2011-01-27 / News

Even the small tools need some TLC

The Island Garden
By Roger Marshall

This is the time of year when your garden tools should be looked at. That leaf rake with all the broken teeth should be tossed. New ones are cheap enough, but if you are going to toss it out, save the handle. Somewhere along the way, you’ll break a handle and it’s always nice to have one ready to use instead of making a trip to the hardware store.

This year, give your tools a winter gift: sharpen them and give their wooden handles a coat of linseed oil. The linseed oil will help to stop the handles splitting when you inadvertently leave them out in the rain – I know, you never do that. It will also preserve your tool handles for a lot longer.

Smaller tools such as your hand pruners should be sharpened. Sharpening them is easy; just take them to Scott at Jamestown Hardware. If you are handy with a file you can easily do it yourself. Use a flat file and make a few swipes along the back edge of the cutting blade. On bypass pruners the flat edge – the one that crosses the anvil or other part of the pruner jaw – should not be touched. You will have to hold your file at between 20 and 30 degrees to the back edge to get a nice sharp surface. Try the pruners on a small branch or twig to make sure you’ve done the job right.

Anvil pruners – that is, the type where the cutting blade crunches down on the anvil (and does not pass it – can be sharpened on both sides.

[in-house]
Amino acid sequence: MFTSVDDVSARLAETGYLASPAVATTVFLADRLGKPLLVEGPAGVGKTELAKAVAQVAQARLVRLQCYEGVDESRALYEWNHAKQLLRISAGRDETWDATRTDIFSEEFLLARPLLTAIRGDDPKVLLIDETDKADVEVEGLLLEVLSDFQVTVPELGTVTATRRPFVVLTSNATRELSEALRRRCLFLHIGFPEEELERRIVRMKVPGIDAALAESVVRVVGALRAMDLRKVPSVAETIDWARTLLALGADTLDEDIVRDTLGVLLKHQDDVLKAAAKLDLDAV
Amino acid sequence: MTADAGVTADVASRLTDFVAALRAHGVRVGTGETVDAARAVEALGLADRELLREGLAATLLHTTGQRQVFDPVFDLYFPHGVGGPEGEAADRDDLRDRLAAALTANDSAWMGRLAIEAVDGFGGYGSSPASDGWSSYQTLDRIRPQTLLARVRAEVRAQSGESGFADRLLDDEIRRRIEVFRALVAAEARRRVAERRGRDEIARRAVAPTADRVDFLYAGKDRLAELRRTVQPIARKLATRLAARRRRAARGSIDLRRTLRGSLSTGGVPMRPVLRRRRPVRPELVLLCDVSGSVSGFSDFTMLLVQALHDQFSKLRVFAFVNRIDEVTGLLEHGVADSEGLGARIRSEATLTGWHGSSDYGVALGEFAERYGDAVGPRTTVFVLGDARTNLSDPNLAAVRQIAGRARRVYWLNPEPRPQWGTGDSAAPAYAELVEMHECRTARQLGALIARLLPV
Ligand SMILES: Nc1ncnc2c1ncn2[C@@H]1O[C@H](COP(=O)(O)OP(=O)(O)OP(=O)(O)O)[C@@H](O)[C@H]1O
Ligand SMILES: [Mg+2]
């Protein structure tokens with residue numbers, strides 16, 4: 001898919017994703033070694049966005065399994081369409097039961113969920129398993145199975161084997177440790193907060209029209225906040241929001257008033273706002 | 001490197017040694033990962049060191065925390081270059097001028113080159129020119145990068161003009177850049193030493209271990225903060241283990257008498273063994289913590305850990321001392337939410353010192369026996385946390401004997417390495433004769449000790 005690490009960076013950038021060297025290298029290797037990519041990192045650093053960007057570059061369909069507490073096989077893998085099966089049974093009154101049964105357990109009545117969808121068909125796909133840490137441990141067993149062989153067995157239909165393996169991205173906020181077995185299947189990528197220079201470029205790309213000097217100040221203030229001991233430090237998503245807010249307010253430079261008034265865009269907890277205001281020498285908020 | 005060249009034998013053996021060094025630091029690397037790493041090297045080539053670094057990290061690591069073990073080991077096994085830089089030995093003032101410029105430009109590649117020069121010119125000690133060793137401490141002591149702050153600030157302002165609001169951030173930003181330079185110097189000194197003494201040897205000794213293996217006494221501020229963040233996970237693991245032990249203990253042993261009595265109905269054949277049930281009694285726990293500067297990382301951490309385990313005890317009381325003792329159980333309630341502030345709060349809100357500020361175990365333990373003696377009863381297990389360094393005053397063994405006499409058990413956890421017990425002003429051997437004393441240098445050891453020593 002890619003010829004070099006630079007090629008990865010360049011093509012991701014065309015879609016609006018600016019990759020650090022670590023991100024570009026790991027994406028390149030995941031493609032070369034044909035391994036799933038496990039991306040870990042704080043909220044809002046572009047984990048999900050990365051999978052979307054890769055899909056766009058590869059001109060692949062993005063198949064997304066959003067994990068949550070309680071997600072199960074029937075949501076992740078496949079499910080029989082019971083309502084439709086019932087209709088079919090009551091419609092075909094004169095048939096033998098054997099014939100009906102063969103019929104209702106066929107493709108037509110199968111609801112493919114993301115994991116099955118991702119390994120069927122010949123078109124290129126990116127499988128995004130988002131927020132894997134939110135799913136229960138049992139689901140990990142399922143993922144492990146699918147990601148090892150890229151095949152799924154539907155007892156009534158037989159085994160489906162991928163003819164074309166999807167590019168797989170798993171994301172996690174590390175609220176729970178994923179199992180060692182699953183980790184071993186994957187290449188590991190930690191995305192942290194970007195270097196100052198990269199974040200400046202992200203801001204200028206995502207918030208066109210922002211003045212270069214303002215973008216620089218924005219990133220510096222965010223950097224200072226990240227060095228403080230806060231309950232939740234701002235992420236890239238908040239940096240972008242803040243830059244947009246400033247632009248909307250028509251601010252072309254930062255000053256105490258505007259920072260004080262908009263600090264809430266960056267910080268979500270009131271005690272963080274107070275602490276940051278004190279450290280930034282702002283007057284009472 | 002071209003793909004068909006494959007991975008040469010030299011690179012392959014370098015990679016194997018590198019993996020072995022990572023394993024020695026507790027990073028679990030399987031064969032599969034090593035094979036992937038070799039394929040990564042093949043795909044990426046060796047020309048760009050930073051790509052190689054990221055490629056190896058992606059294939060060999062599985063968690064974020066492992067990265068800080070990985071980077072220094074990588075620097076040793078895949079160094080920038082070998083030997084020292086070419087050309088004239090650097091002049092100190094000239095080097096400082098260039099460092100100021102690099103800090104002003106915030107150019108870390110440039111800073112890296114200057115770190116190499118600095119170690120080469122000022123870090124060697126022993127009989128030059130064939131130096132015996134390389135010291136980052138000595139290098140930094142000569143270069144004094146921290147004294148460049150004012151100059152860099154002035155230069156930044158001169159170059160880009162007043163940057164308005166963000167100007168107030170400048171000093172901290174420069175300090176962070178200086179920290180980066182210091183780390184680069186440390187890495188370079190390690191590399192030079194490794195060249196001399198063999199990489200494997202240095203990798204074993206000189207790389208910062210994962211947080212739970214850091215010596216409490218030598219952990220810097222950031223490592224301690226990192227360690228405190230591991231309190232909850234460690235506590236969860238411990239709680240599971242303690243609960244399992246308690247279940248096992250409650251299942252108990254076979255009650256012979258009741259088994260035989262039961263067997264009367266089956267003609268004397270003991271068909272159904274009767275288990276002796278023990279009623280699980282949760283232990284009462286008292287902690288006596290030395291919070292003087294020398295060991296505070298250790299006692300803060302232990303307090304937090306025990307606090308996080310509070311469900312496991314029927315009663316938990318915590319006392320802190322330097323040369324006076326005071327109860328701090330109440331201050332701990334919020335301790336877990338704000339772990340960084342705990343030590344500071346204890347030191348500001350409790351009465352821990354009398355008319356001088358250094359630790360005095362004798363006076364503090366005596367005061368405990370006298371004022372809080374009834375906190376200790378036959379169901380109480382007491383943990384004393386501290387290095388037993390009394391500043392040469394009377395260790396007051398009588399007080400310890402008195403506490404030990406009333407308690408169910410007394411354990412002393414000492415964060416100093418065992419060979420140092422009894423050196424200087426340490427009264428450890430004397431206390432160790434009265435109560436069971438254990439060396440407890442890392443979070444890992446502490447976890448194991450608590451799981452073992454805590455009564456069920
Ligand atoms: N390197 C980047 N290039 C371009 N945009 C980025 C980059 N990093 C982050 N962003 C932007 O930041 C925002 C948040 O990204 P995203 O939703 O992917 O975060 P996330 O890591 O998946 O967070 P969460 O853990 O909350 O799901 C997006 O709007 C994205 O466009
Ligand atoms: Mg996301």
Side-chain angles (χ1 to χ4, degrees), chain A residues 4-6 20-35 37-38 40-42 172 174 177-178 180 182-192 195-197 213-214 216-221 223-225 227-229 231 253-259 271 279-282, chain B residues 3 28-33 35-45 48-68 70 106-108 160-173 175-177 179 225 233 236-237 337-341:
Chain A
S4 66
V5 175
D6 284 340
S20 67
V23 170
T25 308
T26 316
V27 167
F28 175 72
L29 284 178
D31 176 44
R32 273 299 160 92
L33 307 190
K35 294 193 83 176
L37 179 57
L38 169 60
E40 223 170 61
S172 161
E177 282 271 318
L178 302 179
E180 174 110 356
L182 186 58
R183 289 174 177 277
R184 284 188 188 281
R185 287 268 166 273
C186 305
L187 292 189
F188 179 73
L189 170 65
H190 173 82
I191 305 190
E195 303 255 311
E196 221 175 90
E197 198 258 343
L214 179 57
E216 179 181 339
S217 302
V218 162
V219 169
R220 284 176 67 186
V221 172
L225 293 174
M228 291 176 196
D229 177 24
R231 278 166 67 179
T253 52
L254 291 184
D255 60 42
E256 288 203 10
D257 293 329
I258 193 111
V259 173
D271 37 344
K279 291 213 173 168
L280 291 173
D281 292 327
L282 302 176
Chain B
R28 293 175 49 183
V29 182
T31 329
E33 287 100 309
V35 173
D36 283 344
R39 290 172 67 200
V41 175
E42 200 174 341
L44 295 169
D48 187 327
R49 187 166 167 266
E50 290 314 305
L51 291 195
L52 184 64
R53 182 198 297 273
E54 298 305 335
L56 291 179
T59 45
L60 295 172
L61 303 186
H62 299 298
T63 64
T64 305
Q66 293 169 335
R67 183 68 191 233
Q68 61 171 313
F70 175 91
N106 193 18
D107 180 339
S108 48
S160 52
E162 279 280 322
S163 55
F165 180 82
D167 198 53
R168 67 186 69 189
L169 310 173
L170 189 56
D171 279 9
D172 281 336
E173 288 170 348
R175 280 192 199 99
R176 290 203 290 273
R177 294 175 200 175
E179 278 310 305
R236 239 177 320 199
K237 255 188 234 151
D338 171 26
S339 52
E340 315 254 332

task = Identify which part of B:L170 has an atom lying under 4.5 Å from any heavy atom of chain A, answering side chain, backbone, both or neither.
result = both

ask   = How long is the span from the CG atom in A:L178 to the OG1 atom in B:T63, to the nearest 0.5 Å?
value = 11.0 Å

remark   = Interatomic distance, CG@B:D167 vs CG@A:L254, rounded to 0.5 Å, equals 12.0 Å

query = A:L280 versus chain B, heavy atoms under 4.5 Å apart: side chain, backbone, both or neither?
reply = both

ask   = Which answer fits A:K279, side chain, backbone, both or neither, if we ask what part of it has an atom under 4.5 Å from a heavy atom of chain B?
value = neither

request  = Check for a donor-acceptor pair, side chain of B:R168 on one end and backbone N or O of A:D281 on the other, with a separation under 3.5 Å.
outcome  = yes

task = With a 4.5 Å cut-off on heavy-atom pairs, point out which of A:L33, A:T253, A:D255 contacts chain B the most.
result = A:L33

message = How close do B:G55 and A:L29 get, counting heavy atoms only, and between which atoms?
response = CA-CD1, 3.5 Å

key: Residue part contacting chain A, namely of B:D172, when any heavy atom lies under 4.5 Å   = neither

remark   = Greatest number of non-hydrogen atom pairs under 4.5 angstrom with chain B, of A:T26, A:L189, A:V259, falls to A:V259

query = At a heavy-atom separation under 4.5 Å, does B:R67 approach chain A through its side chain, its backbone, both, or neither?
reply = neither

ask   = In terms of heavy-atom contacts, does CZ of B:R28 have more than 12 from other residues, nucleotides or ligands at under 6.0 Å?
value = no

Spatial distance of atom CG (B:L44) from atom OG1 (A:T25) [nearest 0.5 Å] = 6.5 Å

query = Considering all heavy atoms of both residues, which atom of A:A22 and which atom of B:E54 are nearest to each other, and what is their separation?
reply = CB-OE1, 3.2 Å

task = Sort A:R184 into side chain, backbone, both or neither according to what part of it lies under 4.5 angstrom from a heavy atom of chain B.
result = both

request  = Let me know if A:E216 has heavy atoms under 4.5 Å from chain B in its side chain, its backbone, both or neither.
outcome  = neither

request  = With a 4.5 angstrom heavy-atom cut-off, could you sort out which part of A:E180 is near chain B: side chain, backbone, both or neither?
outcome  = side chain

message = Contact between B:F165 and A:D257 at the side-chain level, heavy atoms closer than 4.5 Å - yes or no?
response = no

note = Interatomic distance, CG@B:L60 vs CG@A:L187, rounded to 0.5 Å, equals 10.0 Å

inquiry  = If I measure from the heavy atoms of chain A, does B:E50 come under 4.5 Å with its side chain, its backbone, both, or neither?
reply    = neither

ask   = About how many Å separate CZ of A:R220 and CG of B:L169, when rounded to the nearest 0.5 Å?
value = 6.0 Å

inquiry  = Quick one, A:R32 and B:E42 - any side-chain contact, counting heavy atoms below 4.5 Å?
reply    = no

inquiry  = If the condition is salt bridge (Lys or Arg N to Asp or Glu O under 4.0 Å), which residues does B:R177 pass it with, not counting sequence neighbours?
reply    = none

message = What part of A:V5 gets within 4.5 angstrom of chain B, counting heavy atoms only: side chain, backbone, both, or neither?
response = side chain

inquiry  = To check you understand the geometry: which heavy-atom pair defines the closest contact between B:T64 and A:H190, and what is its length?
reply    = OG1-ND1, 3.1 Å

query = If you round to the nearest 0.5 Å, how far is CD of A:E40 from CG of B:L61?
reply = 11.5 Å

Other small tools, such as hand hoes and trowels, can also be sharpened along the cutting edge. A good edge will help to make your work easier next year, until you hit a rock or two that is. When sharpening a hoe or a trowel, make sure you use the flat file at about a 45-degree angle. If you try to cut too fine an edge on it, it will soon get blunted.

Long-handled shovels and garden hoes can also be sharpened in this manner. A sharp edge will make your work less fatiguing next summer. When you have finished sharpening all your tools, clean them thoroughly and wipe them down with an oily rag or spray them with a rust preventative to help prevent rust until you need them again.

Check the handles of all of your tools. I’ve lost count of the number of times that I’ve slid my hand down a long-handled tool and found a sharp splinter. If you find any splinters, use sandpaper and eliminate them. Then oil the handle again. Split handles should be replaced. Don’t think that you can go another season with it. Most likely it will split just as you are rushing to get a plant in the ground before a thunderstorm.

If you have to replace a hammer or axe handle make sure you insert the wedges in the hammerhead properly. Many hammerheads have flown off the handle because the wedges either came loose or were not put in properly. The first time I tried to replace a hammerhead – in all fairness, I was about 10 – the head flew through a window because I didn’t know how to insert the wedges properly. If in doubt look at an existing hammer. By keeping your tools in good order, you not only extend their life, but you make them your tools, the tools that you might pass along to your children and grandchildren, and these days that doesn’t happen very often.

Return to top